Health Care

Stable housing and supportive services are critical to help people experiencing homelessness move toward recovery.

Homelessness and health concerns often go hand in hand. An acute behavioral health issue, such as an episode of psychosis, may lead to homelessness, and homelessness itself can exacerbate chronic medical conditions or lead to debilitating substance abuse problems. At the most extreme, a person can become chronically homeless when his or her health condition becomes disabling and stable housing is too difficult to maintain without help.

People living in shelters are more than twice as likely to have a disability, according to the Department of Housing and Urban Development. On a given night in 2012, nearly 40 percent of the homeless population had serious mental illness or conditions related to chronic substance abuse. Thousands of people with HIV/AIDS experience homelessness on a given night. Half of veterans in shelters are disabled.

Medical conditions such as diabetes and heart disease are also found at high rates among the homeless population, in addition to injury and physical ailments from living outdoors. Many people experiencing homelessness have also experienced trauma, either resulting from homelessness or in some way leading to it. Behavioral health issues and trauma are found disproportionately among unaccompanied youth who are homeless.

Treatment and preventive care can be difficult for homeless people to access, because they often lack insurance coverage, or are unable to engage health care providers in the community. This lack of access can lead a homeless individual to seek medical care only once his or her condition has worsened to the point that a trip to the emergency room is unavoidable.

The extent of health conditions and disability should be considered when designing effective, efficient strategies to end homelessness. For chronically homeless people, permanent supportive housing provides stable housing coupled with supportive services as needed – a cost-effective solution to homelessness for those with the most severe health, mental health, and substance abuse challenges.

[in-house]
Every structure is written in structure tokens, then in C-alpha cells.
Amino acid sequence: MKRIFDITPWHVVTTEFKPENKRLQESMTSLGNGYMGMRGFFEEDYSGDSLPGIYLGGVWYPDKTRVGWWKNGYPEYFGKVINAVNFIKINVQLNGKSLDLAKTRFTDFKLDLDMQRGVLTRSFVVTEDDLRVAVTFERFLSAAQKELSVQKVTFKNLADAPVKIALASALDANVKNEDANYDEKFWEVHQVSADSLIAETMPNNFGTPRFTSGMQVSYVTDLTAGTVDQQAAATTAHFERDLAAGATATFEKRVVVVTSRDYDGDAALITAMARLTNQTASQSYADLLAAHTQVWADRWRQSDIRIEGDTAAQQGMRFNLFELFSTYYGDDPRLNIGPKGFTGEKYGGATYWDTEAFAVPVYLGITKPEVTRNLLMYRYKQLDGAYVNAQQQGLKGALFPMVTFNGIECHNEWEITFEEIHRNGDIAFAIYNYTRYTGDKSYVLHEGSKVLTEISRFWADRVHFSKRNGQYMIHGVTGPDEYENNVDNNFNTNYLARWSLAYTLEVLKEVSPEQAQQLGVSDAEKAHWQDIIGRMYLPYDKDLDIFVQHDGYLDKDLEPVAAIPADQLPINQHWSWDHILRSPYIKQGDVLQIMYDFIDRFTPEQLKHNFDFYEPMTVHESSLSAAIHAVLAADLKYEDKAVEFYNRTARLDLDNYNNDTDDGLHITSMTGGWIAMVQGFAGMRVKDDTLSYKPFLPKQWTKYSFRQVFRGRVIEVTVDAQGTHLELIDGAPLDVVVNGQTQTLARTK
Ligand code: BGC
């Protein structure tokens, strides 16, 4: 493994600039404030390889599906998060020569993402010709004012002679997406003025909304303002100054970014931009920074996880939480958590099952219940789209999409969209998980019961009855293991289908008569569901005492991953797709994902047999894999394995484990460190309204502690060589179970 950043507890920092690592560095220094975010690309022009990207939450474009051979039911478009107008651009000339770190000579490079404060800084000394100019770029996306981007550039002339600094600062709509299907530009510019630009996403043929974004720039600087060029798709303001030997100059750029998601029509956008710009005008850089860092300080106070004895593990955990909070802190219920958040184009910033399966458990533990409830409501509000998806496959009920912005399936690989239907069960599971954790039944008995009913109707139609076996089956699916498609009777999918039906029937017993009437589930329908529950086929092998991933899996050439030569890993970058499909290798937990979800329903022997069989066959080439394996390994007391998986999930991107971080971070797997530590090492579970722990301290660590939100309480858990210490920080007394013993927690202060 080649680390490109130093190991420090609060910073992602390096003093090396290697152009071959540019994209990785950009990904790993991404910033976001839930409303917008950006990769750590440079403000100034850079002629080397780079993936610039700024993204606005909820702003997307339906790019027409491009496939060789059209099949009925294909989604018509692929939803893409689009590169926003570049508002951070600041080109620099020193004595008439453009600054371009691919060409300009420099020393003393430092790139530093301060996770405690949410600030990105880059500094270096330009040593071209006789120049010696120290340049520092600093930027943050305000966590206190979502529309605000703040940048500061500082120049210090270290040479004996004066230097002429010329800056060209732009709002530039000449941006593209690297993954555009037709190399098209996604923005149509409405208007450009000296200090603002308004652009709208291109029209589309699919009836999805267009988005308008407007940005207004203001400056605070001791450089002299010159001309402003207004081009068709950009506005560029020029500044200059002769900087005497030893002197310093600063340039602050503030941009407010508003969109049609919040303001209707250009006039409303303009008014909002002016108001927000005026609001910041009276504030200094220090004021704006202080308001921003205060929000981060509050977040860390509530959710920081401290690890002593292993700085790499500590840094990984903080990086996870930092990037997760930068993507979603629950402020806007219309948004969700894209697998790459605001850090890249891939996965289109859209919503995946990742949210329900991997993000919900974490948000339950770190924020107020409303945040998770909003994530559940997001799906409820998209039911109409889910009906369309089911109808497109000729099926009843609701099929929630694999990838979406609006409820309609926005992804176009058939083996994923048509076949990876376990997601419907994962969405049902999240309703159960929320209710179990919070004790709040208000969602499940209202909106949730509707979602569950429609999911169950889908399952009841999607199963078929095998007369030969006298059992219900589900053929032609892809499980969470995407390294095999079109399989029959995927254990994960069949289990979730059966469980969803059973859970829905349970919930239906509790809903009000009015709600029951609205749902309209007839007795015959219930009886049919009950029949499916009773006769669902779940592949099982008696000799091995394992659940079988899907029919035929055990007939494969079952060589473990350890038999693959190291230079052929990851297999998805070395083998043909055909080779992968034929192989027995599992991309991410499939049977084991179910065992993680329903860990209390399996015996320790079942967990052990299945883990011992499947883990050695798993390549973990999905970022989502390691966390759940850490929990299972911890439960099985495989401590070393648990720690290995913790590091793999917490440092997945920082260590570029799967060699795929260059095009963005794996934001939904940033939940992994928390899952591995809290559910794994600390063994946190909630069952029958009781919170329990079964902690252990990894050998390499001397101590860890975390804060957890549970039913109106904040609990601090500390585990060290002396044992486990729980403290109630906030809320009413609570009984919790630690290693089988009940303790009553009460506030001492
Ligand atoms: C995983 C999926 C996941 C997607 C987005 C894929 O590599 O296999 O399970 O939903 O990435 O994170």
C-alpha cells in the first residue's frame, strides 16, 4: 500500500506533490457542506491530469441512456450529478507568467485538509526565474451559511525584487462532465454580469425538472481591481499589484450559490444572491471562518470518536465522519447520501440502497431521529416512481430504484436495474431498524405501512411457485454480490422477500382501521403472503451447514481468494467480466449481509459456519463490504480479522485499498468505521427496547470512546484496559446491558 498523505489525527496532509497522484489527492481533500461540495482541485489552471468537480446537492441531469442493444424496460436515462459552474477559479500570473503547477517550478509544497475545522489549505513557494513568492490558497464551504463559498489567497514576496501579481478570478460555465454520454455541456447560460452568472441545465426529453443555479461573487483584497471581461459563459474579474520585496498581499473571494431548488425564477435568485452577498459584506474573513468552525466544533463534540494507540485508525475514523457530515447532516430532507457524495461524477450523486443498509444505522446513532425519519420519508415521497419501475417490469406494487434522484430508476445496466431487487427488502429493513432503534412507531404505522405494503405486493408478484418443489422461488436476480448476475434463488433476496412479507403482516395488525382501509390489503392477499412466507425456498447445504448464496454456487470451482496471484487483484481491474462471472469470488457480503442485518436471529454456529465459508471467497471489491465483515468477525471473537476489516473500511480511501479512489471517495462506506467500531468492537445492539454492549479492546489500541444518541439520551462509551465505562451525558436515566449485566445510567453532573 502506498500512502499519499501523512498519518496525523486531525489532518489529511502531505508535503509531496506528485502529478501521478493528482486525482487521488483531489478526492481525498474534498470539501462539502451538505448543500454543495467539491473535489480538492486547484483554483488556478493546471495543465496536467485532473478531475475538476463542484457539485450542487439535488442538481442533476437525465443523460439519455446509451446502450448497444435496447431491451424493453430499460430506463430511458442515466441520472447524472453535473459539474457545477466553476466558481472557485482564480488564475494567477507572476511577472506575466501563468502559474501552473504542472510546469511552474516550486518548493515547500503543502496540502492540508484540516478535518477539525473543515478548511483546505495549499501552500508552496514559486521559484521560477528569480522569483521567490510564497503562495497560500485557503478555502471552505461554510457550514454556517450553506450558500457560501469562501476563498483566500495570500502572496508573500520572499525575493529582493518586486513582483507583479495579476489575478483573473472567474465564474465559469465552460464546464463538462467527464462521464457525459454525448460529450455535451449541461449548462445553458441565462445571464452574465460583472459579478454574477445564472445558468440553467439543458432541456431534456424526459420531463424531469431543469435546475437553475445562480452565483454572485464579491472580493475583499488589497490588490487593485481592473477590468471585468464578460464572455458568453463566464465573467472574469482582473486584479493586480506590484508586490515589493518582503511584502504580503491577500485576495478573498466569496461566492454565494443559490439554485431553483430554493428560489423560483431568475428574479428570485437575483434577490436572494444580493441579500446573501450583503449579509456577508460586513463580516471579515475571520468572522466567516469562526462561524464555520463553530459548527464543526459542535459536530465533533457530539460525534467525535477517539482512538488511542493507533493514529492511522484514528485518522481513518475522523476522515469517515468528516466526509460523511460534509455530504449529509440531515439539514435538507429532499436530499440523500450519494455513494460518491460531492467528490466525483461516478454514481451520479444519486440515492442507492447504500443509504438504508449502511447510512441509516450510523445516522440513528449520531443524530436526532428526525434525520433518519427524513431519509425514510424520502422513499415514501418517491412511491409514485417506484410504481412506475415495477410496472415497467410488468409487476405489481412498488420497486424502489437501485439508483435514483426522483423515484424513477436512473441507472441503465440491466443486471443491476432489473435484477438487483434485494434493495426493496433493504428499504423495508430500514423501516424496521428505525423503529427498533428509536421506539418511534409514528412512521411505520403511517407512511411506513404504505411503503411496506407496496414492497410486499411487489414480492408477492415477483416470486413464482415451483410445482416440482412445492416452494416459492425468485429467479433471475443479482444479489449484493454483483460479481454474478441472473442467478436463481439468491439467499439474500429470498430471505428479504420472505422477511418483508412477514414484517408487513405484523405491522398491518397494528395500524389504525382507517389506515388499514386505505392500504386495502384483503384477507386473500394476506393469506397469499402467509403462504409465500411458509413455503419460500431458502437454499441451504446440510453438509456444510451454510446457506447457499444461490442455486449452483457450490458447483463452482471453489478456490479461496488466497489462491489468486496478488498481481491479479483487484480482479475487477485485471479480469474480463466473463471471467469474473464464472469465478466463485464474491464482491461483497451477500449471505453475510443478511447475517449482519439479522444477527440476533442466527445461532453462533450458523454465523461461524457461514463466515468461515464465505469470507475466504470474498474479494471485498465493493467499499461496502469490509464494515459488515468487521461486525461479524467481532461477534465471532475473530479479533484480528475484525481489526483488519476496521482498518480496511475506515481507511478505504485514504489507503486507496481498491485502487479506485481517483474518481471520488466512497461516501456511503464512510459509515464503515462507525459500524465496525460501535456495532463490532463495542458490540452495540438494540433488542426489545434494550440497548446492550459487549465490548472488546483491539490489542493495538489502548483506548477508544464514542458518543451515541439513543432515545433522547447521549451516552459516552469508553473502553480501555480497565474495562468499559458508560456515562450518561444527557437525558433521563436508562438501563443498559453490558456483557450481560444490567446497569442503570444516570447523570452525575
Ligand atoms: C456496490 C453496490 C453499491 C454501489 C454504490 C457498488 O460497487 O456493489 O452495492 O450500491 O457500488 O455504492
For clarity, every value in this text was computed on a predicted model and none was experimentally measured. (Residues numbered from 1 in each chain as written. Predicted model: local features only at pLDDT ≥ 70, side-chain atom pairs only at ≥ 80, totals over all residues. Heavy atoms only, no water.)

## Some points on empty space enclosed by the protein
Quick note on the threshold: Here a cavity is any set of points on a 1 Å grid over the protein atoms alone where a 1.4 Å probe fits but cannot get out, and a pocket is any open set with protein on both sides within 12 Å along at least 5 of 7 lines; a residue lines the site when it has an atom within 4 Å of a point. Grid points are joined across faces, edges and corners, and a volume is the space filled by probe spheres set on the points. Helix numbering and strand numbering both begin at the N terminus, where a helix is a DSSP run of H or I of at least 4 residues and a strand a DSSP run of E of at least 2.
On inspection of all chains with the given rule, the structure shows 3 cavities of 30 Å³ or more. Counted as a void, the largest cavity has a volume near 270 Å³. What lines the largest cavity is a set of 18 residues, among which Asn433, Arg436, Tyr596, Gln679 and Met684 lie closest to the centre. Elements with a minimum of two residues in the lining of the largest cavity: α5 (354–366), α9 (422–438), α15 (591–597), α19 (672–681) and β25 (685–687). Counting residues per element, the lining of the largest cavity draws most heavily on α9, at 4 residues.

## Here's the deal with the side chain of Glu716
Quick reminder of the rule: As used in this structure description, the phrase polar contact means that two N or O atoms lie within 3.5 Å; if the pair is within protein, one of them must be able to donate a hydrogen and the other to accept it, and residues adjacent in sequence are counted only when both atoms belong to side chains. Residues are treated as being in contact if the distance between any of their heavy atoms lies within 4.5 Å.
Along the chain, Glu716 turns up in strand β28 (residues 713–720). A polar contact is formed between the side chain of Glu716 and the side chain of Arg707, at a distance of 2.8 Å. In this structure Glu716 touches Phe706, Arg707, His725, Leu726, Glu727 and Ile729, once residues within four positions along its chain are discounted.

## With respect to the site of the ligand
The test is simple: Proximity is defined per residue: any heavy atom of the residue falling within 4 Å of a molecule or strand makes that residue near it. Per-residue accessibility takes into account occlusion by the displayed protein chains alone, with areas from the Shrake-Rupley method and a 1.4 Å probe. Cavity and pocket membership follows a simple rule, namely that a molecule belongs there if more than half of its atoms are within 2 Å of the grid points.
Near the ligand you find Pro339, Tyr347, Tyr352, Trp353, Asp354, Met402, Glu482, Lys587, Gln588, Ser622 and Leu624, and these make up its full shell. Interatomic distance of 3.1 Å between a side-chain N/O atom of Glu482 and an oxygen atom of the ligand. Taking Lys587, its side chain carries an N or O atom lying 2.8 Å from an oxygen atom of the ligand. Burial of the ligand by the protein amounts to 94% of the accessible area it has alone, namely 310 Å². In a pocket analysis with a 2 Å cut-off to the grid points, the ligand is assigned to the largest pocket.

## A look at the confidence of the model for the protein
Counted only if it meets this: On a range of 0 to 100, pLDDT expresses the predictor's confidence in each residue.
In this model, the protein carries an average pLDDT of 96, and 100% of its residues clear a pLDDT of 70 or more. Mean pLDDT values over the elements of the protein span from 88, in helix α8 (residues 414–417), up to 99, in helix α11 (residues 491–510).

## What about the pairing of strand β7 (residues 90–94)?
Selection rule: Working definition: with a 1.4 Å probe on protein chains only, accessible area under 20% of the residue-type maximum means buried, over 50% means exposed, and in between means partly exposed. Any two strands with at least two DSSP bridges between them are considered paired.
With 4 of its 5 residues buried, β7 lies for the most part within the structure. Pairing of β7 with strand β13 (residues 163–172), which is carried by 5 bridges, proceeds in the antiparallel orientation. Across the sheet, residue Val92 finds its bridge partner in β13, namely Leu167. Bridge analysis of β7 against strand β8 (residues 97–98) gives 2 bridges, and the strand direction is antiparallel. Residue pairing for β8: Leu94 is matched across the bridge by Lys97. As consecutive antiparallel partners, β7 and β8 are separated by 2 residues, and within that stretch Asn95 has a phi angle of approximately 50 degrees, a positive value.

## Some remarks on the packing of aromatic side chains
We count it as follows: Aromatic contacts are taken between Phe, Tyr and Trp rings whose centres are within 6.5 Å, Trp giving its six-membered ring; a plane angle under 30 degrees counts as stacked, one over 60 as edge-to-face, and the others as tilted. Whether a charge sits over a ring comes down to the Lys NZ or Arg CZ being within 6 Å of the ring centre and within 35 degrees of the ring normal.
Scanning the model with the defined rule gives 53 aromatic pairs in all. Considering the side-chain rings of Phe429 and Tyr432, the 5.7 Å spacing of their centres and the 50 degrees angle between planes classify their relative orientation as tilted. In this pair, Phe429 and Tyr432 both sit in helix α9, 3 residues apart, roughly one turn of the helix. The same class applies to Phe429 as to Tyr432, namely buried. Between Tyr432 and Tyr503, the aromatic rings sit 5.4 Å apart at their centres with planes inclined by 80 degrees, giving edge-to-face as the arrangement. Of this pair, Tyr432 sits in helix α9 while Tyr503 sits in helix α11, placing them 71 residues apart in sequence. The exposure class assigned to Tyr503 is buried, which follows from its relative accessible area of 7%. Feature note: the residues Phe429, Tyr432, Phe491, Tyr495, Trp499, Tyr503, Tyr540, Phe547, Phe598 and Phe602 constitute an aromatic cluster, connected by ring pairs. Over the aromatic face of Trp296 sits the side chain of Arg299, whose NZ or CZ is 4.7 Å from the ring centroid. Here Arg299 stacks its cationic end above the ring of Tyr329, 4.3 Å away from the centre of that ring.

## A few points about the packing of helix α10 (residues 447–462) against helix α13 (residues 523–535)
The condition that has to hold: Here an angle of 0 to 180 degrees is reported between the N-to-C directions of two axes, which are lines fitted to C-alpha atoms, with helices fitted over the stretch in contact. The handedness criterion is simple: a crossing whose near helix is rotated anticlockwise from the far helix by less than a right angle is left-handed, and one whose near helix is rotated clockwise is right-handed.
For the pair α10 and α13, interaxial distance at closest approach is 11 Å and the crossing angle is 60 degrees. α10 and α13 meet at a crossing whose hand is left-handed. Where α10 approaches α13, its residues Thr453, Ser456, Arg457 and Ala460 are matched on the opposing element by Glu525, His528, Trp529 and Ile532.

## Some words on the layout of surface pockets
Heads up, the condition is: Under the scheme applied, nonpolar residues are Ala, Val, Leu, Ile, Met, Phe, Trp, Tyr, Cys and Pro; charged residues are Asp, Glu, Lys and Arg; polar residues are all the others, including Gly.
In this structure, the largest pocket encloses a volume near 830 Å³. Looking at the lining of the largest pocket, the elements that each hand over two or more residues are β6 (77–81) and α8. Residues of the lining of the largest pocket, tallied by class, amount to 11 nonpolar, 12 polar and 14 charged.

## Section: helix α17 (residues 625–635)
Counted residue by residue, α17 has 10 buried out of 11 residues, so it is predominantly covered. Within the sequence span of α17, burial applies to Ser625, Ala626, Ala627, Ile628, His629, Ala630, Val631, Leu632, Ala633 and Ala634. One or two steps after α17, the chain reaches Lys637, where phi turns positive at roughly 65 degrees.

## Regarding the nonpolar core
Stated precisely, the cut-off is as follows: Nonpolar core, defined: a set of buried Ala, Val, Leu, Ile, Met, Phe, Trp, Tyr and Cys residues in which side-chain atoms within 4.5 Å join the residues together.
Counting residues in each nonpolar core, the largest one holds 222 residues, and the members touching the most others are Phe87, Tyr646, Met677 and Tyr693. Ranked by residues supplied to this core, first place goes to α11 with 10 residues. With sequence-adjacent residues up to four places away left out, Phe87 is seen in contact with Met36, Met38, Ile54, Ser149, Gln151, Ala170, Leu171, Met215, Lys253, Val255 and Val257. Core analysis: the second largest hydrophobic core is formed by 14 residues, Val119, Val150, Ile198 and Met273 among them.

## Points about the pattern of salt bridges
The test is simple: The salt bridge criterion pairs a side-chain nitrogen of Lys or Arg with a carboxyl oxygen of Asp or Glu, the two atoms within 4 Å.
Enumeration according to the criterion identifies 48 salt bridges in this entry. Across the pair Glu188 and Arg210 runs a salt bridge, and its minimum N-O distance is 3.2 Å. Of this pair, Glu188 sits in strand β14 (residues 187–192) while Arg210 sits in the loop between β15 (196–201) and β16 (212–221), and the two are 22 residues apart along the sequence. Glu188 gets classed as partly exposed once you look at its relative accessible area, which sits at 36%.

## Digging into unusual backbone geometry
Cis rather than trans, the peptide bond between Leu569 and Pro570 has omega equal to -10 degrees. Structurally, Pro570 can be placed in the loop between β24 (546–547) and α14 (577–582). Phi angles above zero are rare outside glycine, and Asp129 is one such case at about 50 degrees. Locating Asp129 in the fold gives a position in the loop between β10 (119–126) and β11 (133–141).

Library Resources

Federal Policy Brief | November 9, 2012
This policy brief discusses how Medicaid health homes can help improve the behavioral and physical outcomes for vulnerable people experiencing homelessness and lead to positive housing outcomes.The brief explains the Medicaid health home benefit under the Affordable Care Act, and reviews models that have already been approved by the U.S. Department of Health and Human Services.
Solutions Brief | March 25, 2011
Clearly health care reform creates opportunities to improve assistance to chronically homeless people. Those concerned to combine housing and services should get involved early to ensure that the interests of people they care about are protected.
Report | December 3, 2009
This is an issue brief presenting the ways state mental health agencies can work cooperatively with community members and lawmakers to prevent and end homelessness for those afflicted with severe mental illness. Key strategies are examined in this brief, as well as case studies of states that have successfully implemented some of these strategies.
Other | April 29, 2009
Click here for additional resources on how mental health and substance use issues affect homelessness. Materials include "Chronic Homelessness," "Christian Community Health Center in Chicago, Illinois: Providing Supportive Housing and Health Care," and "Amethyst Inc. in Columbus, Ohio: Helping Addicted Women to Gain and Maintain Sobriety."
Other | April 29, 2009
Click here to access additional resources related to health care and Medicaid. Materials include "New Targeted Case Management Rule and Homelessness," "Medicaid Coverage for Rehabilitation Services," "Medicaid Proof of Citizenship," and "Protecting Health Care for the Homeless Programs."